FCNL Constituents are Heard on Capitol Hill
By Emily Temple on 12/18/2011 @ 09:44 AM
In the conversations I have had with FCNL constituents, from our November Annual Meeting to visits in Maryland, Virginia and Pennsylvania, one concern has been raised again and again: how can I be sure that my senators and representative are listening? How can I believe that advocacy and citizen lobbying is worth my time?
I am fortunate to work at FCNL and see the myriad of ways in which citizen lobbying can and does make a difference, but I can understand how it might feel doubtful far away from Capitol Hill. Whether it is calling your senator to vote no on legislation to authorize an increase in military budget, or to support diplomacy with Iran, even urging your representative to do something you are almost positive he or she will not do, lays the groundwork for future communication. Laying the groundwork may mean that you are developing a relationship, slowly but surely, with your representative’s staff, or it may mean that taking FCNL materials with you will give that office exposure to our work.
This fall, we urged you to lobby your in a variety of ways to cut $1 trillion from the Pentagon over the next ten years. We asked you to write to your Congressional offices, write letters to the editor, call about sign-on letters, and deliver information such as the Sustainable Defense Task Report in face-to-face meetings. The Sustainable Defense Task Report was released in June 2010 as the product of a bi-partisan research effort into how to cut non-essential Pentagon expenditures as a tool to reduce our deficit. Please read the report here for more information.
In the last few weeks, we have heard from several constituents about their positive lobbying experiences, as encouraged by us at FCNL. We recognize that many more of you lobbied and listened than we have heard from; thank you to all of you. The following examples illustrate that indeed your voices are heard in these offices and that each interaction, whether it be a meeting with a staffer, dropping off information, or a personalized letter, can feel worthwhile.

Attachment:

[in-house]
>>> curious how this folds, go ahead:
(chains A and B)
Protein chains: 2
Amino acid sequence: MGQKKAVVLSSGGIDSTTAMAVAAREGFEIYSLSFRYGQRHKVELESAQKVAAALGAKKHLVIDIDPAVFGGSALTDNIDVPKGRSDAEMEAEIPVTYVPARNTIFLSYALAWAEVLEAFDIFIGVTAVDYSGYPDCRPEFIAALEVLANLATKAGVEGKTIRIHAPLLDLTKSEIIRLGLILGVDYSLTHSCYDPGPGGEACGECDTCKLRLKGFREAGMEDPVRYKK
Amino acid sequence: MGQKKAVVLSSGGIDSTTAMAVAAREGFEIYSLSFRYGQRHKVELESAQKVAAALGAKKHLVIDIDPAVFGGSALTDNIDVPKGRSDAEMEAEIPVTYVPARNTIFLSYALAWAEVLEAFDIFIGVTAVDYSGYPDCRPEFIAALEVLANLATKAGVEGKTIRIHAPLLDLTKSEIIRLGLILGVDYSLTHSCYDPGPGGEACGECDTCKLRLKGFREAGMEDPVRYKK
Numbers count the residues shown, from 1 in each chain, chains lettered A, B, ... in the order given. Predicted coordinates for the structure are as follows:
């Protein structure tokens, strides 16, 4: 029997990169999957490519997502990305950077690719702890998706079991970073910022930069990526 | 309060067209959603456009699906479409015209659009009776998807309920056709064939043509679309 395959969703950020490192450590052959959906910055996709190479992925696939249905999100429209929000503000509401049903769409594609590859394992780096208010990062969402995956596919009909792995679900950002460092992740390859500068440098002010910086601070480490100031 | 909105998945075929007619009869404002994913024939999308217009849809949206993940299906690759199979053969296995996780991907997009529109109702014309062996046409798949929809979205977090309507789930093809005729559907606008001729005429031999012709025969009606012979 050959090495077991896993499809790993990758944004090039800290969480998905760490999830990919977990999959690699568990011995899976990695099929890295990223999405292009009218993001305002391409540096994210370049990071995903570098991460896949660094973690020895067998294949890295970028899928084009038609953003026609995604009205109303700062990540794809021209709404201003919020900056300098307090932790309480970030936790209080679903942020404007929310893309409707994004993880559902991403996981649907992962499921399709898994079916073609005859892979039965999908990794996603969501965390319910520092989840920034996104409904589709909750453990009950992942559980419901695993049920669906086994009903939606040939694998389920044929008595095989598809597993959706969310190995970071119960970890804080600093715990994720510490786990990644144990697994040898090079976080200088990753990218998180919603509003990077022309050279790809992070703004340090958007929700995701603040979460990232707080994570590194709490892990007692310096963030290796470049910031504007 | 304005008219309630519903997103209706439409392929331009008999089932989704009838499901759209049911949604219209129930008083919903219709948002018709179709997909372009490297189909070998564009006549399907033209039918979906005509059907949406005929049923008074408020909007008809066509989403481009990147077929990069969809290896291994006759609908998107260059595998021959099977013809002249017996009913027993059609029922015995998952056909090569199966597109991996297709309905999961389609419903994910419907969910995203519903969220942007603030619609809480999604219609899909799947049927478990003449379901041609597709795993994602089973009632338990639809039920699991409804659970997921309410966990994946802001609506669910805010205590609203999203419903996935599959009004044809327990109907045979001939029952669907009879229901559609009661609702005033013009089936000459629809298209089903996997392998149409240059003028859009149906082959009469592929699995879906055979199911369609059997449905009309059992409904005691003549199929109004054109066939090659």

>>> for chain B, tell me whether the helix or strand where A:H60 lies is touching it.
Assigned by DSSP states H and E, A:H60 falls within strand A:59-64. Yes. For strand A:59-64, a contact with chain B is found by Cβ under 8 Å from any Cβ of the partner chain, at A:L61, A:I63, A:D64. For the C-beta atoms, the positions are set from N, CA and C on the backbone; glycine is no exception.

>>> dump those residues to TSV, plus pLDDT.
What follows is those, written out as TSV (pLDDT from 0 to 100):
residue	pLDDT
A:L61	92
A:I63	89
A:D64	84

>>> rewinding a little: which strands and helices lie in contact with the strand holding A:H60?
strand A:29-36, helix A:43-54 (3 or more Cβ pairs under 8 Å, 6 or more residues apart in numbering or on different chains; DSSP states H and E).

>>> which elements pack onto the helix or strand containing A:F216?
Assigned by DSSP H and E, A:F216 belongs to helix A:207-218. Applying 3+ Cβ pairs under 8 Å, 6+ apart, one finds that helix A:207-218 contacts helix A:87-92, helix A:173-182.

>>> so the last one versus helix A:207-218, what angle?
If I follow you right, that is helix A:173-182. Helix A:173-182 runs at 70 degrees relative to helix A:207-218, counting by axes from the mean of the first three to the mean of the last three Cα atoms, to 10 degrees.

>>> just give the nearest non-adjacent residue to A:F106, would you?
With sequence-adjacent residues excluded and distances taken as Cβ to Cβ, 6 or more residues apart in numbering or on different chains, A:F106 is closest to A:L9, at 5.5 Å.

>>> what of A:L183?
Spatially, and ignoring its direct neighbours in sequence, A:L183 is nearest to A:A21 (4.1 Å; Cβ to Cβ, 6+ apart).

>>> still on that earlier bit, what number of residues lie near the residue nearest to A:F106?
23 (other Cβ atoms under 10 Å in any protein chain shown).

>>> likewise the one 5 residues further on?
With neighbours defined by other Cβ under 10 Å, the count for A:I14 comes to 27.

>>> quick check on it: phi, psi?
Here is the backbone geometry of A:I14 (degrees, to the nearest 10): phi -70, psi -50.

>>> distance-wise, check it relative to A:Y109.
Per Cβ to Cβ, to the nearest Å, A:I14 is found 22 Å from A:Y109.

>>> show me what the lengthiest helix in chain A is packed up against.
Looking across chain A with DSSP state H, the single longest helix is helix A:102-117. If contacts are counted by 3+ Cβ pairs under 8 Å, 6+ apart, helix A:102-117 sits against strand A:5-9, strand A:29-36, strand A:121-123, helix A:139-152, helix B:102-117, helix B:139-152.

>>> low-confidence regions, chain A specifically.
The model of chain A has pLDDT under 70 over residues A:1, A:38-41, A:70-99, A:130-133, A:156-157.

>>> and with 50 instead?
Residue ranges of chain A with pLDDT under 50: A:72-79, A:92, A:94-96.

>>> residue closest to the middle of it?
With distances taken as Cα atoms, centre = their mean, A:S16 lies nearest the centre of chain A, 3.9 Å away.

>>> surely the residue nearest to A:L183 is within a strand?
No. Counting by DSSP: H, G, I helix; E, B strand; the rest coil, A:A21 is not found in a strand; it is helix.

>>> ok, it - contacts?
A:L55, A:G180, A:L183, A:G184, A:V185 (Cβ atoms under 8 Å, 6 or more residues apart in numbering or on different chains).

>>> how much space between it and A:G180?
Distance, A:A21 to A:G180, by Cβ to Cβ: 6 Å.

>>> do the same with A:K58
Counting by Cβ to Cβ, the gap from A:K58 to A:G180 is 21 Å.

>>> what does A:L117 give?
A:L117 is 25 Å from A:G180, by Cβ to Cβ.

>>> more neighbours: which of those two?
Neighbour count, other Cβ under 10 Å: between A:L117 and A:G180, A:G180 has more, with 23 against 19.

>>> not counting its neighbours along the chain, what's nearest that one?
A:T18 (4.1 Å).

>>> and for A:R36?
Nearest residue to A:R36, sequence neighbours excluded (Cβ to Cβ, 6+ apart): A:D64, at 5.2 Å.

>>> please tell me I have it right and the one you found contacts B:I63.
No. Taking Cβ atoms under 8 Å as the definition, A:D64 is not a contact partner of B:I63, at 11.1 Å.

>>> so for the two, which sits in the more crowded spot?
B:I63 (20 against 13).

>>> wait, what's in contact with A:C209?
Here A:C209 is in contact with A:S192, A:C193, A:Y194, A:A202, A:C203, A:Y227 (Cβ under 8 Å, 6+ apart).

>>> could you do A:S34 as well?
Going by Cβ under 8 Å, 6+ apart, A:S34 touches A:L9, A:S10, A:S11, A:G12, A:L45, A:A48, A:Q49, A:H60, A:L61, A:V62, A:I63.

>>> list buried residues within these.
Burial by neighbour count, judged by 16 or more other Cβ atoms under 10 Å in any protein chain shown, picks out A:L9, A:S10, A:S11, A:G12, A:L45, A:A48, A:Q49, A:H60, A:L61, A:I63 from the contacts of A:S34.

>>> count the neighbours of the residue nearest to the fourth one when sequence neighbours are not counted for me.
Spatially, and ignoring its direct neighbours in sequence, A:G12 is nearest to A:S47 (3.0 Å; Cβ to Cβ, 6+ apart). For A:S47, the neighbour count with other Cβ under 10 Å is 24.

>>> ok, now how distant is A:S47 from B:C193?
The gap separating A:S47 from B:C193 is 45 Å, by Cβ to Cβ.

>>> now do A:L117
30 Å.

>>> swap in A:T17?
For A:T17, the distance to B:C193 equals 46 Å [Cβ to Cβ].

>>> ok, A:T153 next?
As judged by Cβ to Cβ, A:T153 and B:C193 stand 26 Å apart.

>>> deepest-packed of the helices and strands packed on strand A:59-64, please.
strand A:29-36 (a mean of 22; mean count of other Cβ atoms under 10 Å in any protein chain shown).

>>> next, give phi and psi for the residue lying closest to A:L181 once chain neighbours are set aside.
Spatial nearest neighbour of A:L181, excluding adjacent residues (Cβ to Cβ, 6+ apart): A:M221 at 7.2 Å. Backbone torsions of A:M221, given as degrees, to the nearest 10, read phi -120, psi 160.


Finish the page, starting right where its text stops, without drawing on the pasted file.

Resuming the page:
- One friend from Indianapolis wrote in to say that he had dropped off the Sustainable Defense Task Force Report with Senator Richard Lugar’s office to a very warm reception.
- A New York friend wrote to Senator Chuck Schumer about the Pentagon budget and forwarded the response she received to our office.
- Another constituent let us know that was able to schedule a meeting with Representative Nancy Pelosi’s staffer on the budget and delivered information on how Pentagon funding could be cut.
- In Minnesota, a constituent had a meeting with Representative Tim Walz himself to discuss cutting Pentagon spending. Like the constituent in Indianapolis, she was able to hand-deliver a copy of the Sustainable Defense Task Report during their meeting and discuss how support for veterans could be maintained while funding allocated to the Pentagon could be reduced.
These interactions illustrate a few of the many ways we are empowered as Americans. Despite the partisan state of Congress and a deeply wounded economy, these people were able to make their voices heard.
When I came to Washington, I thought it might be a difficult place to be optimistic. I have in fact become more hopeful since arriving in the capitol. The persistence and passion of our constituents is enough to inspire hope anywhere.
If and when you call the FCNL office, it just may be me you reach on the phone. I can tell you that members of congressional offices call us to ask for information, reports or opinions. I took a call recently from a senior staff member in a Senator’s office who was looking for information on Quakers to include in a speech for the Senator to deliver. Each of these interactions—even the ones that feel small—are extremely valuable.
Each moment is really another rung on the ladder of engagement and is critical to help move along our focused campaigns on pertinent issues like cutting the Pentagon budget. The relationships you, our constituents, build in communicating with congress are what will make the difference in limiting Pentagon spending and preserving funds for necessary domestic programs that create jobs, educate, and care for our communities.